To a large degree, the future of connected devices is likely to consist of catching up with the past.
Everyday appliances and systems are being redesigned as connected devices so that users can control them remotely and conveniently, notes Ryan Dutton, commercial/enterprise sales manager at SDN Communications.
Washers, dryers, lights, thermostats, TVs, locks, security cameras, and other devices can increasingly be controlled electronically from a smartphone or some other type of computer.
Commercial/Enterprise Sales Manager
Dutton is quite tech-savvy, so he was asked for his thoughts on “The Future of Connected Devices,” which is the theme of the fourth and final week of National Cybersecurity Awareness Month. The special month is being observed throughout October
Understandably, conversations about technological innovation often turn quickly to 5G.
“In the short term, what’s going to be most impactful is we’re going to see more 5G-capable devices in the marketplace, both at the residential level and at the business level as well,” Dutton said.
5G is not a device, though; it’s a supplement to existing broadband networks, he said. 5G is a next-generation, wireless technology designed to accommodate and transmit large amounts of data at faster speeds.
5G is beginning to become available in cities across the United States, including parts of Sioux Falls, but the service probably will be deployed slowly in rural America, Dutton said.
“5G has the potential to deliver fast bandwidth, there’s no question about that. But how soon will regular consumers rely solely on 5G as their primary internet connection? That’s a long way away,” Dutton said. “In some areas, it may never make sense from the standpoint of the existing fiber infrastructure.”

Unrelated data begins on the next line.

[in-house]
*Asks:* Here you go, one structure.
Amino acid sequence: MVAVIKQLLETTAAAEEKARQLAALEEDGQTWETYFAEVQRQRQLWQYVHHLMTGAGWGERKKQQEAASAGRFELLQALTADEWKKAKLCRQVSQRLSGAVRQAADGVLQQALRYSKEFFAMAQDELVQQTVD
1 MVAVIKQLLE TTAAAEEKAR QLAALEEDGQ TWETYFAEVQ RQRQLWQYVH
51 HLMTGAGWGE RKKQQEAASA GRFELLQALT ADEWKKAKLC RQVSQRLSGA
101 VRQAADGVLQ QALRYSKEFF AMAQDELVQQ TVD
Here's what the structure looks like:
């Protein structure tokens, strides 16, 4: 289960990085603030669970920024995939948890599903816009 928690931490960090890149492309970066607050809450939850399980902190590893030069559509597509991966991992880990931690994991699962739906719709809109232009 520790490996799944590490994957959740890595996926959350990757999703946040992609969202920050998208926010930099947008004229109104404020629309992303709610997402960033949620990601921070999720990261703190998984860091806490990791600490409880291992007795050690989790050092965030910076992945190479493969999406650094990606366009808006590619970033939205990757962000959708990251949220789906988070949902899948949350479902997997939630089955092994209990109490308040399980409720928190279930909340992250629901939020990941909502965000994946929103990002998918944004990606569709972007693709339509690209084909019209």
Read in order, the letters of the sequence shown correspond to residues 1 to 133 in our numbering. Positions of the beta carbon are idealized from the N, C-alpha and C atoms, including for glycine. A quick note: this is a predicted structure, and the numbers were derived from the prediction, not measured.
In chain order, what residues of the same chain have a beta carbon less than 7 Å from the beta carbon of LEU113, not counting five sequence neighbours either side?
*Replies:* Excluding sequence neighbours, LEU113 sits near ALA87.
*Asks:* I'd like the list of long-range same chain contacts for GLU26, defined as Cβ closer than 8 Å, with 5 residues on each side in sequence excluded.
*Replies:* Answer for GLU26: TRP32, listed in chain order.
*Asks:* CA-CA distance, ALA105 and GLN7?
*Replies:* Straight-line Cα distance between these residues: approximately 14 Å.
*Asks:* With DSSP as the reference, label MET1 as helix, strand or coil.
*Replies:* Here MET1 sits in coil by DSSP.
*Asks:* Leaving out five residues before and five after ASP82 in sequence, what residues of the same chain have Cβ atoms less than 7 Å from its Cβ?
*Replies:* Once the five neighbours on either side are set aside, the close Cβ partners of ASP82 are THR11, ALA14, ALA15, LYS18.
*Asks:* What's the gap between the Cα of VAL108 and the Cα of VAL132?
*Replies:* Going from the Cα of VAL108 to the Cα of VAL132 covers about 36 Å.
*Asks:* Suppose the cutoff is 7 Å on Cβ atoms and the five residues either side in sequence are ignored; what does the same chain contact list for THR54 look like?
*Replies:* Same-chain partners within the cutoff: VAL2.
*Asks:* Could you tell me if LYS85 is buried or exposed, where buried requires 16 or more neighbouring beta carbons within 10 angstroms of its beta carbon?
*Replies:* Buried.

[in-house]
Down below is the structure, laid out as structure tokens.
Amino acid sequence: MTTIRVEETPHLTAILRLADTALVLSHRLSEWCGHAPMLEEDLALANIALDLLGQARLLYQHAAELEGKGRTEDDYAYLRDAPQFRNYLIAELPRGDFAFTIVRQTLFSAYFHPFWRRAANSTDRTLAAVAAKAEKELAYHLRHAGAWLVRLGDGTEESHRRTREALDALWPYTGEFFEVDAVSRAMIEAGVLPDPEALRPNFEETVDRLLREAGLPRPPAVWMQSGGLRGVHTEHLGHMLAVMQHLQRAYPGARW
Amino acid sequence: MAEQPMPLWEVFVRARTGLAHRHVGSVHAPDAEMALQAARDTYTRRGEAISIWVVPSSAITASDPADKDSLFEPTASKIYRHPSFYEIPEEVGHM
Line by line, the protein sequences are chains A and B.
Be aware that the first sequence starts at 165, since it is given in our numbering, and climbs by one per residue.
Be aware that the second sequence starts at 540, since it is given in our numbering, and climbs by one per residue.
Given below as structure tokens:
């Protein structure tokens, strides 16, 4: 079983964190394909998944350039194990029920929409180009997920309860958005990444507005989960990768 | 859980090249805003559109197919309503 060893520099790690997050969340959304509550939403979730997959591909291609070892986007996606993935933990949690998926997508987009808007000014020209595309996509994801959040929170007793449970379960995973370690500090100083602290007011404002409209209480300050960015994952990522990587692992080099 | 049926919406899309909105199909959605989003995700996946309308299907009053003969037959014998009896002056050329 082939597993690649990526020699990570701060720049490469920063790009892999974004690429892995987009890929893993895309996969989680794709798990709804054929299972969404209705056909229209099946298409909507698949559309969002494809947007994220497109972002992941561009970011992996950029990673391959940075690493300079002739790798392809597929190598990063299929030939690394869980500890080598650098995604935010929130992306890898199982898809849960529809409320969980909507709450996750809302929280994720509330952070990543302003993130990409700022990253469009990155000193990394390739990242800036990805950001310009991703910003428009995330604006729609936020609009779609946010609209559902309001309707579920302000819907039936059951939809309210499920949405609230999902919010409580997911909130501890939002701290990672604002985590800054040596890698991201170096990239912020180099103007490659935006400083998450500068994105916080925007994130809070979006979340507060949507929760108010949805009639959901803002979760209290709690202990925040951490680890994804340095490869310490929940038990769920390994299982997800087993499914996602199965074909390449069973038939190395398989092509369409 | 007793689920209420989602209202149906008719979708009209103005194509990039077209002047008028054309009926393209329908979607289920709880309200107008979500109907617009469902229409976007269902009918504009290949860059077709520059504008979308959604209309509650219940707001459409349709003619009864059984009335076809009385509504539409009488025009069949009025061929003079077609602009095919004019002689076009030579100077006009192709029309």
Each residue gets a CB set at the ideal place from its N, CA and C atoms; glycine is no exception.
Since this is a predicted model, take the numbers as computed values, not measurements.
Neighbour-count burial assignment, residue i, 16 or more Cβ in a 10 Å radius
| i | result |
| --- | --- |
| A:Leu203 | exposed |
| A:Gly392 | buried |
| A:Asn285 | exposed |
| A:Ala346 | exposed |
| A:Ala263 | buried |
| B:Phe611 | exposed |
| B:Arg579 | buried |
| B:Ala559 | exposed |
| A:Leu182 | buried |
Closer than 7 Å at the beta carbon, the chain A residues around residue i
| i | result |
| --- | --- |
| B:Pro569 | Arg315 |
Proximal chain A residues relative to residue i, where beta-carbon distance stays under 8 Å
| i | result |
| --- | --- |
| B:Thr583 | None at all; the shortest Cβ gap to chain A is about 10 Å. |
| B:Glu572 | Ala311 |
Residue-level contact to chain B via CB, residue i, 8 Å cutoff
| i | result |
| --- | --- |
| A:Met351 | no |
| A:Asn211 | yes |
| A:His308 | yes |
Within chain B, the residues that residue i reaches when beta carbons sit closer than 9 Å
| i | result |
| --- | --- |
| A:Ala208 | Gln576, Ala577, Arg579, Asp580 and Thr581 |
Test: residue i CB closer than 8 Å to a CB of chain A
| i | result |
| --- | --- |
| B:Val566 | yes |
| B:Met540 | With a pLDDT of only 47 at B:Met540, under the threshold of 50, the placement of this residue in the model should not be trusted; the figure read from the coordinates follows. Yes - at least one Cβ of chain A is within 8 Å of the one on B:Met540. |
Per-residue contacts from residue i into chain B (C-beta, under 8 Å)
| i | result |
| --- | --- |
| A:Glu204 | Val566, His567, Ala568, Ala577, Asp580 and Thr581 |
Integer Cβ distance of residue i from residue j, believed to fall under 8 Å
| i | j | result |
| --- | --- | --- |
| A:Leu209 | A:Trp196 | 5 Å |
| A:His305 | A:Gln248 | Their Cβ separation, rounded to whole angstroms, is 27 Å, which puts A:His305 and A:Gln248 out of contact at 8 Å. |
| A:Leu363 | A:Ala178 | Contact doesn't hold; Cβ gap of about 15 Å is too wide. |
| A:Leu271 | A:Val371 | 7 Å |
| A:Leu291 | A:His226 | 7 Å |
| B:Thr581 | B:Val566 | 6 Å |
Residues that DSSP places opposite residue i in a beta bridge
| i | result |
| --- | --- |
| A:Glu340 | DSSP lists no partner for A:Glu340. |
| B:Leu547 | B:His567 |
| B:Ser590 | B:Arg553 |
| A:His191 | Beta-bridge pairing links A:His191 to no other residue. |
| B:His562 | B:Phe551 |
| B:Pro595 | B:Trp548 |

The development of autonomous vehicles receives a lot of public attention. However, for inventions such as self-driving cars to become practical and popular, vast improvements in roadways and data-transmission infrastructure will be necessary.
Meanwhile, video services, virtual reality systems, and devices such as smart speakers are more likely to continue to evolve and proliferate.
“From a cybersecurity perspective, the proliferation of devices creates a challenge and, I think for a lot of folks, some degree of concern,” Dutton said.
Cybersecurity will continue to be a never-ending battle in the future because of the addition of new devices and factors such as differences between manufacturers, he said. Hacking tactics are evolving and getting better, too. Hackers will continue to constantly probe for vulnerabilities.
The International Data Corporation, a global provider of IT information and other market services, has estimated that by 2025, the average person will interact with connected devices nearly 4,800 times a day. That’s about one interaction every 18 seconds.
As more connected devices become available, businesses, as well as consumers, will have to decide whether the benefits of using a new product outweigh the risks. A lot of times, the answer probably will be ‘yes.’ But sometimes the answer might be ‘no.’
Dutton urges people to research products before buying and using them. Make sure the manufacturer has a good reputation for cybersecurity, for example. And beware of products that might seem to be unrealistically cheap. There’s probably a reason for the low price.
“We have to be constantly vigilant as businesses and consumers as more of these devices are introduced into these spaces. We have to be vigilant about the security,” Dutton said.
SDN is a leader in providing business internet, private networking, and cloud connectivity to businesses and organizations in communities such as Sioux Falls, Rapid City, Worthington, and the surrounding areas.